“Rebounding is key and I need to finish whatever touches I get in the paint,” McGee-Stafford said. “I’m not fond of losing and we all share that mentality. As long as I control the boards then we control the tempo of the game.”

The Big 12 is one of the toughest conferences in college basketball and, aqlthough rivalries can be exciting and daunting for newcomers, winning is the main concern.

“At this point I’m just looking forward to a win,” McGee-Stafford said. “It doesn’t really matter to me who we play.”

With a tall stature and a game beginning to grow just as tall, McGee-Stafford is a player to keep an eye on as the Longhorns move forward.

“The sky is the limit for her,” Enemkpali said. “She’s 6-foot-7 and I just want her to buy into it, and once she taps into it, we are going to be an even better team with her.”

Published on January 16, 2013 as "Shaking freshman jitters". 

Freshman Demarcus Holland dribbles down the court. He made his first career start and scored five points during Texas’ win.
Photo Credit: Shelby Tauber | Daily Texan Staff

Why Texas Won-

Texas was able to hold Sam Houston State to 21 percent shooting from the field and forced the Bearkats to attempt ­­­28 three-pointers, of which they only made six. The Longhorns got to the free throw line early and often, and after a slow start were able to assert their dominance inside the paint. The Bearkats were held to just one offensive rebound in the second half and the Longhorns commanded a 47 to 32 rebounding advantage, stifling any upset bid the Bearkats may have had in mind.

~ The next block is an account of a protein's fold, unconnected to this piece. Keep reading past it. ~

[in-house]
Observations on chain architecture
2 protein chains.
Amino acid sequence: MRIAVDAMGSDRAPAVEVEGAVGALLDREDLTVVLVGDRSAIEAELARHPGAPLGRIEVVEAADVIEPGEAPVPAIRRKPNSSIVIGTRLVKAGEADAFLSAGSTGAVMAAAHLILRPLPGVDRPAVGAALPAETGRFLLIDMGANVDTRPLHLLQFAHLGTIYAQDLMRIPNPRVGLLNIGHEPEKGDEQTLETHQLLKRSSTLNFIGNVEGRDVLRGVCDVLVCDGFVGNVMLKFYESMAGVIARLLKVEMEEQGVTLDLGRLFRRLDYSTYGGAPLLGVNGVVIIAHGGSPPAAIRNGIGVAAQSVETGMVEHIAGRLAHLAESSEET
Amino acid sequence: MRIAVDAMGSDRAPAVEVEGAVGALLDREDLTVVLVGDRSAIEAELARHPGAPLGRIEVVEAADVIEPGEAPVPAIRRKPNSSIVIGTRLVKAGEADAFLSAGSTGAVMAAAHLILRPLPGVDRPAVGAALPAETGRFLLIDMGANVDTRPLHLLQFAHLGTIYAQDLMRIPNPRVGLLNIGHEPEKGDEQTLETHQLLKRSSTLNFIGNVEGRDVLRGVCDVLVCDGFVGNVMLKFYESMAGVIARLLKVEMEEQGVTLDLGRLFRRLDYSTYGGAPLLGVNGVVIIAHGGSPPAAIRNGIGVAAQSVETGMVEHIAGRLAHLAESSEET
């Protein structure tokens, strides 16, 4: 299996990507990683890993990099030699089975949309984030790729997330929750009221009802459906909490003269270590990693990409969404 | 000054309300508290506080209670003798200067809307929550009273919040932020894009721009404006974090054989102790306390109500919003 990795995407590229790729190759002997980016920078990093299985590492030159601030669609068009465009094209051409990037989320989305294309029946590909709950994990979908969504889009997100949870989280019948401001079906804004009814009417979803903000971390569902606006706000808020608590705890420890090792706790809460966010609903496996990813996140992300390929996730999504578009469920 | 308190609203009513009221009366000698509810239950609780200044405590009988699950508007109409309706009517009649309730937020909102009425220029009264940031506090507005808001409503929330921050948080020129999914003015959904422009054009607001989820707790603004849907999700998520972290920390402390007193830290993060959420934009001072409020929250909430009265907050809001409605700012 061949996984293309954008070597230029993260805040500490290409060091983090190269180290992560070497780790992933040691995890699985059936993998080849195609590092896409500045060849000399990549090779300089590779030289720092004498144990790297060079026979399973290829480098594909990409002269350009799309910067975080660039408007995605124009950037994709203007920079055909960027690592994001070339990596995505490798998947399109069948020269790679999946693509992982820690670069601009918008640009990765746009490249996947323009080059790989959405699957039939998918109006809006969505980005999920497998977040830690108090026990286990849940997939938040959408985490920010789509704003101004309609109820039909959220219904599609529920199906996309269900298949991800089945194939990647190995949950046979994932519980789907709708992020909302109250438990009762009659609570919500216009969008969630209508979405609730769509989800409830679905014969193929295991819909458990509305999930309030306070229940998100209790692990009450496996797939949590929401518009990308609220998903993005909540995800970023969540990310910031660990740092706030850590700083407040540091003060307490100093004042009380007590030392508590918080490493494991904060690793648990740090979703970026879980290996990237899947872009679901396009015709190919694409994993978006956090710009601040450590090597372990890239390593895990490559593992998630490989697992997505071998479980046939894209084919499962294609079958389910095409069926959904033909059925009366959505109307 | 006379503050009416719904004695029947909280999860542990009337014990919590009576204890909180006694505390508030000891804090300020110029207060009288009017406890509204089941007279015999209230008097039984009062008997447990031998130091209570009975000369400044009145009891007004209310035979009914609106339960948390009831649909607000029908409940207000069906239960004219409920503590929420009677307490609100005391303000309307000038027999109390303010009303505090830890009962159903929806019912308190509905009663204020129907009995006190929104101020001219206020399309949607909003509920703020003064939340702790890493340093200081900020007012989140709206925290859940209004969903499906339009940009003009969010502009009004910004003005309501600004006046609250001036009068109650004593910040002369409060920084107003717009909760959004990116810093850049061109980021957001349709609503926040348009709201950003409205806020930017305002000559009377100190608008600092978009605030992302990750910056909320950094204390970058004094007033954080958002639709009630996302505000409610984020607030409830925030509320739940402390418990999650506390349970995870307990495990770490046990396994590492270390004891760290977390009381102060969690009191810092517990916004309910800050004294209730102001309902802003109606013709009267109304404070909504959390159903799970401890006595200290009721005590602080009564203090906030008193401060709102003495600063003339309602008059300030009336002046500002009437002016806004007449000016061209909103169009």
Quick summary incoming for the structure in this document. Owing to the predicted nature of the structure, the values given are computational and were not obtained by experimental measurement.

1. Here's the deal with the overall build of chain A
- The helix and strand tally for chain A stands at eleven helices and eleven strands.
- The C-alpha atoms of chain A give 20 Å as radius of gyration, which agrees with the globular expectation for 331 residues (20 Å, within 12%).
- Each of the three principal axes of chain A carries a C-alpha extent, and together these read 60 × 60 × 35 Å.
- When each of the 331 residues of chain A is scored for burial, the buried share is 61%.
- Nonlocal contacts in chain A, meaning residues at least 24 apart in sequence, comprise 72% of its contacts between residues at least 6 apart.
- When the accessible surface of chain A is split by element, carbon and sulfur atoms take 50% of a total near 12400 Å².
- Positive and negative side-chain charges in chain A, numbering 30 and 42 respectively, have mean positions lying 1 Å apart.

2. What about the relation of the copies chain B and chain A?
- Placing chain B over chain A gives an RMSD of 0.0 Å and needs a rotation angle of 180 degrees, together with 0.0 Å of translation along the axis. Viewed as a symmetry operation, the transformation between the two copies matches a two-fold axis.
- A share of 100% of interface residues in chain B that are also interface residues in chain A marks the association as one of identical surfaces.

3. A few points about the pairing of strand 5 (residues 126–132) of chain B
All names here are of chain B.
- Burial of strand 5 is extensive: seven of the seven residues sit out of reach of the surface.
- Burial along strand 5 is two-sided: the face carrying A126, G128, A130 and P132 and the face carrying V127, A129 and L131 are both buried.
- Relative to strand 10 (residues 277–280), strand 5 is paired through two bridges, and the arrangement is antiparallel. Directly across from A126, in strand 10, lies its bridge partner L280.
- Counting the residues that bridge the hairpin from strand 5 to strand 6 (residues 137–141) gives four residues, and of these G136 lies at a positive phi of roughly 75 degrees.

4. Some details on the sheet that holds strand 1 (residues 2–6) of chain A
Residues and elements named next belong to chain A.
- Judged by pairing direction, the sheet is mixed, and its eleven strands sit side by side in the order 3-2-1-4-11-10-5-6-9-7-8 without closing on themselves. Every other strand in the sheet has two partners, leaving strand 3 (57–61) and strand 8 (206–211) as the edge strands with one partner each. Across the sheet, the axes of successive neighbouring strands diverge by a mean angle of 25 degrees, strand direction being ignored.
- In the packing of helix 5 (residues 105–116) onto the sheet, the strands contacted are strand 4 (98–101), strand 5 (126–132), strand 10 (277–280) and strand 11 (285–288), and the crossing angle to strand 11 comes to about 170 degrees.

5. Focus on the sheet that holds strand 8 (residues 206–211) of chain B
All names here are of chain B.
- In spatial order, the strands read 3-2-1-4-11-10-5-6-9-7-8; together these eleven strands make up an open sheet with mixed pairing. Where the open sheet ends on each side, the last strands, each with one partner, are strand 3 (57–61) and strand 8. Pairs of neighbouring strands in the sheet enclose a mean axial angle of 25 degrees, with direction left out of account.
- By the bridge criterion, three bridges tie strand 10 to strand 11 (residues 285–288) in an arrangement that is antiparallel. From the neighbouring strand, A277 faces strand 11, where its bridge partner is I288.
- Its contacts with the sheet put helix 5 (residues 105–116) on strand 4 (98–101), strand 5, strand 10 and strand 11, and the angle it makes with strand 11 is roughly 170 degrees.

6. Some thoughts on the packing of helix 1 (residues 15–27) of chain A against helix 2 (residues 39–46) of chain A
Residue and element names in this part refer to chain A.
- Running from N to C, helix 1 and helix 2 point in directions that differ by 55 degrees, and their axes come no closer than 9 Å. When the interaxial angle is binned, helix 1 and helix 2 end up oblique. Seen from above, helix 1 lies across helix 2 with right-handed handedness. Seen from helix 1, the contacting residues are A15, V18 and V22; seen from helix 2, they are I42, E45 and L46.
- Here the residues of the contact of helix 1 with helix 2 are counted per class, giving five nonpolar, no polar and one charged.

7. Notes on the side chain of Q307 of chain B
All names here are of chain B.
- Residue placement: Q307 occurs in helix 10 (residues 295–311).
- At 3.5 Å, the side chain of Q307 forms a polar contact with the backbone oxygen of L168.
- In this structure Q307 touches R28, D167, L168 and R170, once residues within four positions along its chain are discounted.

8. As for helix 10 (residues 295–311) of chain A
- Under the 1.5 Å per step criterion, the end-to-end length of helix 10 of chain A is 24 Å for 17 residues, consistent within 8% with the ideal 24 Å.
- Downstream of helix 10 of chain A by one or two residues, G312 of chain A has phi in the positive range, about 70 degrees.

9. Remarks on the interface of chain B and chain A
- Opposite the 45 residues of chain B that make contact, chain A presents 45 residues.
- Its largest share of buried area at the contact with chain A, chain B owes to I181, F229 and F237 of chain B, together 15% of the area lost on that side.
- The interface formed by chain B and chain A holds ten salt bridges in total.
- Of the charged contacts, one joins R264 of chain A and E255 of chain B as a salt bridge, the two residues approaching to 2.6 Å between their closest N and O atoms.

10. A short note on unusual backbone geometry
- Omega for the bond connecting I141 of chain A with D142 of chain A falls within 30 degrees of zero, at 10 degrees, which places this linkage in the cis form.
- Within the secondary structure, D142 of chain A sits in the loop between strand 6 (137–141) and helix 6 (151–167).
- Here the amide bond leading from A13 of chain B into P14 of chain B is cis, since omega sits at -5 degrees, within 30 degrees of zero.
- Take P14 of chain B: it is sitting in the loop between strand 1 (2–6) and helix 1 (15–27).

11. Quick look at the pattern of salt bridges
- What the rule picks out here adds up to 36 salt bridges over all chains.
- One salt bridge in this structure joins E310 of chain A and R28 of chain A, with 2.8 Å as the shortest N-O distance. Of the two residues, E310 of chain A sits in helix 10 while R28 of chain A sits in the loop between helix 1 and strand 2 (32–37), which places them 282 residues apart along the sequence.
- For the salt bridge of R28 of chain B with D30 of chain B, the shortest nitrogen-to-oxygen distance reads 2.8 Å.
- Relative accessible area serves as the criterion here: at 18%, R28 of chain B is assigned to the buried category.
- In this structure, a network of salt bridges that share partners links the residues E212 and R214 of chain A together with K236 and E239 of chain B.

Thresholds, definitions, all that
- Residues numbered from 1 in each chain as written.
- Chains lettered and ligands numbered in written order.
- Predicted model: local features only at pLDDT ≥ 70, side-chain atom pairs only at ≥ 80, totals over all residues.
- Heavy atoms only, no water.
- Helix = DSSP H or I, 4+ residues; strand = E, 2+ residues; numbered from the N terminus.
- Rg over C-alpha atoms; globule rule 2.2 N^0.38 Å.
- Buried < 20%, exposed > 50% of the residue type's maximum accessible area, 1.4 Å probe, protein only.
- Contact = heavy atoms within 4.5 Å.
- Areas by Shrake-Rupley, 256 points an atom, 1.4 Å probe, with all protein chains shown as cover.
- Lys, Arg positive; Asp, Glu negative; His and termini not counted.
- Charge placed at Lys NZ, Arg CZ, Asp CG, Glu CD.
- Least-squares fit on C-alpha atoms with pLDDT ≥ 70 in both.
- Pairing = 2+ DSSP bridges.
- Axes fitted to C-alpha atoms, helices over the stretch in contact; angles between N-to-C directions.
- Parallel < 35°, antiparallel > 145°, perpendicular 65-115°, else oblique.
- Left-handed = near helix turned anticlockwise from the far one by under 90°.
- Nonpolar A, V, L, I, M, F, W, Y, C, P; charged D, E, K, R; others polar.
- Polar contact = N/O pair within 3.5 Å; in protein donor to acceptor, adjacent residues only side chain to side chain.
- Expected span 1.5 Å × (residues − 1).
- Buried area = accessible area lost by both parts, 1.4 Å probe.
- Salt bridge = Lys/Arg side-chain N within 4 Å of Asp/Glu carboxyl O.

“I really thought that this was a game that if we played well, we could win,” Jason Hooten, Sam Houston State head coach, said. “I know y’all might think I’m crazy, but I watched those three games in Maui and I was hoping they’d play like that tonight.”


First Half-
The Longhorns recorded assists on seven of their nine made baskets and missed just one of their 12 free throw attempts. Sheldon McClellan shook off a slow start shooting the ball and scored 12 first-half points while adding five rebounds. Jonathan Holmes grabbed the sole offensive rebound for Texas but added 8 points to give the Longhorns a 32-18 advantage at the intermission.

Second Half-
Sophomore guard Julien Lewis scored all 10 of his points in the second half, giving Texas the push it needed to come away with a win. The Bearkats seemed to be bothered by the Longhorns’ zone defense and were forced into bad shots from the perimeter. Freshman center Cameron Ridley blocked two shots, giving the Longhorns a total of six blocked shots in the game.

By The Numbers-
26- Points in the paint for the Longhorns, compared to just six from the Bearkats.
19- Texas turnovers, moving the Longhorns’ season average to a shade over 19 through six games played.
12- Points from Bearkat freshman guard Paul Baxter, son of former Texas forward Ron Baxter. Paul Baxter also graduated from Bowie High School.